Tag Archives: parenting

Fun with Google Translate and Scottish Gaelic

‘…chluich e fhèin agus Eilidh. “Mè,” ars an t-uan, ‘s a h-uile rud a’ dol bun-os-coinn. … Bha Eilidh ag iarraigh falach-fead a chluich.’ –from Uan Eilidh, by Kim Lewis ‘…he played himself and Helen. “Me,” said the lamb, and everything … Continue reading

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Where are all the brown-skinned boy characters?

Has anyone else noticed how the dark-skinned characters that appear on kids’ TV shows are almost never boys? It’s like, if there’s one non-white character on a show, it’s a girl. Leaving aside for now those shows with mostly all animal or vehicle characters (despite the fact that … Continue reading

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When ‘big’ starts with /p/ and ‘pig’ starts with /b/

I’m writing because of another little language acquisition oddity. I’m basically curious to hear if anyone else has known a kid who’s done the thing that my kid is doing. Let me say off the bat: I’m not worried about this … Continue reading

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Sometimes I blog about things that I feel too awkward talking about face-to-face. This is one of those things.

I don’t want to make too big a deal here, but I’ve got a little PSA. It’s about something I feel like I’ve always known, something I assumed everyone knew, something that I thought was common knowledge, common sense. But … Continue reading

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How does a 2-year-old remember a funny accent after many months?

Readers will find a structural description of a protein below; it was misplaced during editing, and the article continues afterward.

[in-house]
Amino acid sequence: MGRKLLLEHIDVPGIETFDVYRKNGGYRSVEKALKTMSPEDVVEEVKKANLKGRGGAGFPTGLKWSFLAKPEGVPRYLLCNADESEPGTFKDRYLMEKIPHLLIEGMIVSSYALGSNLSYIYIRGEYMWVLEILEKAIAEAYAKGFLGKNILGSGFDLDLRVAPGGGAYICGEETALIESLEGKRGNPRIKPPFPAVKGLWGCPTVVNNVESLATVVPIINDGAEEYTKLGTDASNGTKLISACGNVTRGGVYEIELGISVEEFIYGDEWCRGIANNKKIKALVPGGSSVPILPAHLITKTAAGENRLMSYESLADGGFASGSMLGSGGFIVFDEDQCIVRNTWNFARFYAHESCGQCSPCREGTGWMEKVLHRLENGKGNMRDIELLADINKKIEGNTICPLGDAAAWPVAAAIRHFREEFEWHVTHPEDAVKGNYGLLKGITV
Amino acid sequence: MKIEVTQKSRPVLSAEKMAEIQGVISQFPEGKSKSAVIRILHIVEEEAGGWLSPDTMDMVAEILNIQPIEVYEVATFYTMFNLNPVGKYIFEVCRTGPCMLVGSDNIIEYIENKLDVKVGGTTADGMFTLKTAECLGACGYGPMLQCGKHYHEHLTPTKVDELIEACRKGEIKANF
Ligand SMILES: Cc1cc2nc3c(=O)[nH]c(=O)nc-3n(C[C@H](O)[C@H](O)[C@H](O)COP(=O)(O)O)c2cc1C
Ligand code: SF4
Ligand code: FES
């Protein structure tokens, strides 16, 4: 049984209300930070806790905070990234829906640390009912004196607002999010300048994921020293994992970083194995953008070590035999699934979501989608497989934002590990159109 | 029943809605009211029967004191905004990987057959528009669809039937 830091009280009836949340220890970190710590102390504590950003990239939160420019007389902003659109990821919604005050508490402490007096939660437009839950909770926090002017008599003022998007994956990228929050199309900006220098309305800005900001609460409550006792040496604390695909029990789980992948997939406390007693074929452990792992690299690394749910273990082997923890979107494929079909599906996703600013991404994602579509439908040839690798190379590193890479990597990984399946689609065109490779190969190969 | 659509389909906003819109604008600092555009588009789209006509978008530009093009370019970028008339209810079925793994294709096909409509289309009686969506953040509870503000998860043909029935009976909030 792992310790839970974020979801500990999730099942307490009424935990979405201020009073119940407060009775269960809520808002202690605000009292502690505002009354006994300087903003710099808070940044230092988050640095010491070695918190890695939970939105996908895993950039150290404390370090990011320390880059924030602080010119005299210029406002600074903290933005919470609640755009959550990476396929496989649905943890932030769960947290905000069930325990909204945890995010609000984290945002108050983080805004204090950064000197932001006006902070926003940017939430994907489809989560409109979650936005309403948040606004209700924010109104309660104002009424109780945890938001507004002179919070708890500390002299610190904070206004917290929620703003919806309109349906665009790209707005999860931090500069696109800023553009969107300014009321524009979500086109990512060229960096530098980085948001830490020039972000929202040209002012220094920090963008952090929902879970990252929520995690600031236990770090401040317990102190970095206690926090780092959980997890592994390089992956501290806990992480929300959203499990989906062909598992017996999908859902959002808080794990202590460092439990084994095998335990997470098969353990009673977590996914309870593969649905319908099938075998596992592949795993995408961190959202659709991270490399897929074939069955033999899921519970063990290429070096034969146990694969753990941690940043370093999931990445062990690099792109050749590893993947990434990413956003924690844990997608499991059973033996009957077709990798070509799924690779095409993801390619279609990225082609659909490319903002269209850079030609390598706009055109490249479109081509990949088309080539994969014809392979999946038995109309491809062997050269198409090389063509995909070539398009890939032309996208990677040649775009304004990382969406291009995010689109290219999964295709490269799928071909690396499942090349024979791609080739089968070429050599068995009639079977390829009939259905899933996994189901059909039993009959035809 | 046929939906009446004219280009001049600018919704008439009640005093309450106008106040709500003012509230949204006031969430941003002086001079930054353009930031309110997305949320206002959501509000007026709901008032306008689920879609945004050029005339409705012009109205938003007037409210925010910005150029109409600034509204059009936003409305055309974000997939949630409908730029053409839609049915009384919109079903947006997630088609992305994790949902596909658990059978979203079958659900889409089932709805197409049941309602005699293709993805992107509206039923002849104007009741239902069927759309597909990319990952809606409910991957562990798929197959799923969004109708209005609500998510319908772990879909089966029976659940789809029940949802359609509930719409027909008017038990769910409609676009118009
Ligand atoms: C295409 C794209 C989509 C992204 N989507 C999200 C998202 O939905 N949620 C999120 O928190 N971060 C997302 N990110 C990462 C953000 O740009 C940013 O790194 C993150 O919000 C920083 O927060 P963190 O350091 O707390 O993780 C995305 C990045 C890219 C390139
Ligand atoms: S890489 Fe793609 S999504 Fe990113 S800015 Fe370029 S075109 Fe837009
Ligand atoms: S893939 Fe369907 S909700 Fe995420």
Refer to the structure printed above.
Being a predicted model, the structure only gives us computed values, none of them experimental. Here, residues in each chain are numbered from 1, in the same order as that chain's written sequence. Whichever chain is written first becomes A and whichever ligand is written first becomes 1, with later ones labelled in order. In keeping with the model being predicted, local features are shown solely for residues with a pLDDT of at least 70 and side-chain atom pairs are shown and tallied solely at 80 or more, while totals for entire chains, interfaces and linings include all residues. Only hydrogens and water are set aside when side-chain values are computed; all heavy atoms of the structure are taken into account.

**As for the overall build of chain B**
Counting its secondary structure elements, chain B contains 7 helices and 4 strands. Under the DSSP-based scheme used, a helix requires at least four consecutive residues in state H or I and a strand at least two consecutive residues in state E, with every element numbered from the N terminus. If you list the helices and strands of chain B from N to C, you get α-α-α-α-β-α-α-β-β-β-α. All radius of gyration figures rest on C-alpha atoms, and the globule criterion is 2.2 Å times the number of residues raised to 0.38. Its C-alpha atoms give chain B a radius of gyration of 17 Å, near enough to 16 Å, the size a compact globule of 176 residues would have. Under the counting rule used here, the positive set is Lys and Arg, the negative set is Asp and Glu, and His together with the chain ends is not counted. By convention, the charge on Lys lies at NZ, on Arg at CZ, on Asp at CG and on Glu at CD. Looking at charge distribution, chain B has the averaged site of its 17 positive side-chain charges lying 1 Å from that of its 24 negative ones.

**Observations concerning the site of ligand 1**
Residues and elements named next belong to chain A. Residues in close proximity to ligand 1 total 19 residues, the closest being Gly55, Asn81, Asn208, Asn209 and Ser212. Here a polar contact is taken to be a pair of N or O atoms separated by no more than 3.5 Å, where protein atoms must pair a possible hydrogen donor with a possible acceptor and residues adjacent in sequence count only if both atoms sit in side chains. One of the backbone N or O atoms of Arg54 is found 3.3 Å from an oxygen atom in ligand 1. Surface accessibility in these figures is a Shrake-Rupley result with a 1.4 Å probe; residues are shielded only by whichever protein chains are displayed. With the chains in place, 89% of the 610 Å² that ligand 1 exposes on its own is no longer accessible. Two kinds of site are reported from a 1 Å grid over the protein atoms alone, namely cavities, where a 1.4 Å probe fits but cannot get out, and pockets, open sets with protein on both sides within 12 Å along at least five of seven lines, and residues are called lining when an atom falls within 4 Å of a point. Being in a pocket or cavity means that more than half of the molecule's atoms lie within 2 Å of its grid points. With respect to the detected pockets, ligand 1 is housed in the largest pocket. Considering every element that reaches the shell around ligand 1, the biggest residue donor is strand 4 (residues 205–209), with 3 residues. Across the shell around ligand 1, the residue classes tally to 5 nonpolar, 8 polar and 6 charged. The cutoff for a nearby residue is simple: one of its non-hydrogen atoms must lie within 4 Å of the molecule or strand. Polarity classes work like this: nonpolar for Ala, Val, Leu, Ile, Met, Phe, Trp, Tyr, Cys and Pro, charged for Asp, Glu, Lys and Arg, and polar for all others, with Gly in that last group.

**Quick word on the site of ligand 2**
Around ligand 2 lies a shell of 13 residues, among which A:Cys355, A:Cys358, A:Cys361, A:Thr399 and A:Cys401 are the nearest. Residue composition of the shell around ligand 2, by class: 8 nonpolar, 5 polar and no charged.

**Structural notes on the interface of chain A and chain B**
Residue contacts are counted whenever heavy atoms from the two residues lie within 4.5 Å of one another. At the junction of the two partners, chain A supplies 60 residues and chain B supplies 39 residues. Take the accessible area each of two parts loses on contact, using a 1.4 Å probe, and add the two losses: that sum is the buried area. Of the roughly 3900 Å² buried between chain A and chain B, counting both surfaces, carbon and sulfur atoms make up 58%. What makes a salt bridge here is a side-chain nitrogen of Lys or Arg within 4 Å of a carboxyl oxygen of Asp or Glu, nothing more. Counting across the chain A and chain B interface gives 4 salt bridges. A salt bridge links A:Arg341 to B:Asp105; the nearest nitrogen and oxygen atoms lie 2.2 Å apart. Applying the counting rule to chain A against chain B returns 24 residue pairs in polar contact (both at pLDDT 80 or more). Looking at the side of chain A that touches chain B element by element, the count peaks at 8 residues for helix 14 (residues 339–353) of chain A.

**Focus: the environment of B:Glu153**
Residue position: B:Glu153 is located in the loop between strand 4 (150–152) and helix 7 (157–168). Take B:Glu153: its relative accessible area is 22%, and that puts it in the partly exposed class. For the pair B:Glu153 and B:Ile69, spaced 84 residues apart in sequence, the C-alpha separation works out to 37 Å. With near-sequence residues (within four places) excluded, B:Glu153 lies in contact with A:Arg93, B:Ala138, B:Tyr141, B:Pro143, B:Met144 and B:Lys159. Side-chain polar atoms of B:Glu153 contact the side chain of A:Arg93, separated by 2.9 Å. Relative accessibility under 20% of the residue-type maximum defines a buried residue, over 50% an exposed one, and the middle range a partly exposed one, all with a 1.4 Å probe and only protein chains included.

This is for you, NWAV44! The biggest annual conference in variationist sociolinguistics, NWAV, is taking place right now in Toronto. There was a time in my life when I would’ve never missed an NWAV, but this is the second year in a … Continue reading

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Two weeks later: ‘English’

This is a brief addendum to my previous post from two weeks ago about my daughter’s emergent and idiosyncratic typology of language types. Today she mentioned a new one: English. And what it seems to mean is ‘speaking correctly’. We were reading books at … Continue reading

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One year later: A native accent lost, a linguistic typology gained

My daughter is now 2 and 3/4 years old. This post is about what currently seem to be her three conceptual categories of language: unmarked, Spanish, and America. ‘Unmarked’ is just my way of referring to aspects of language she … Continue reading

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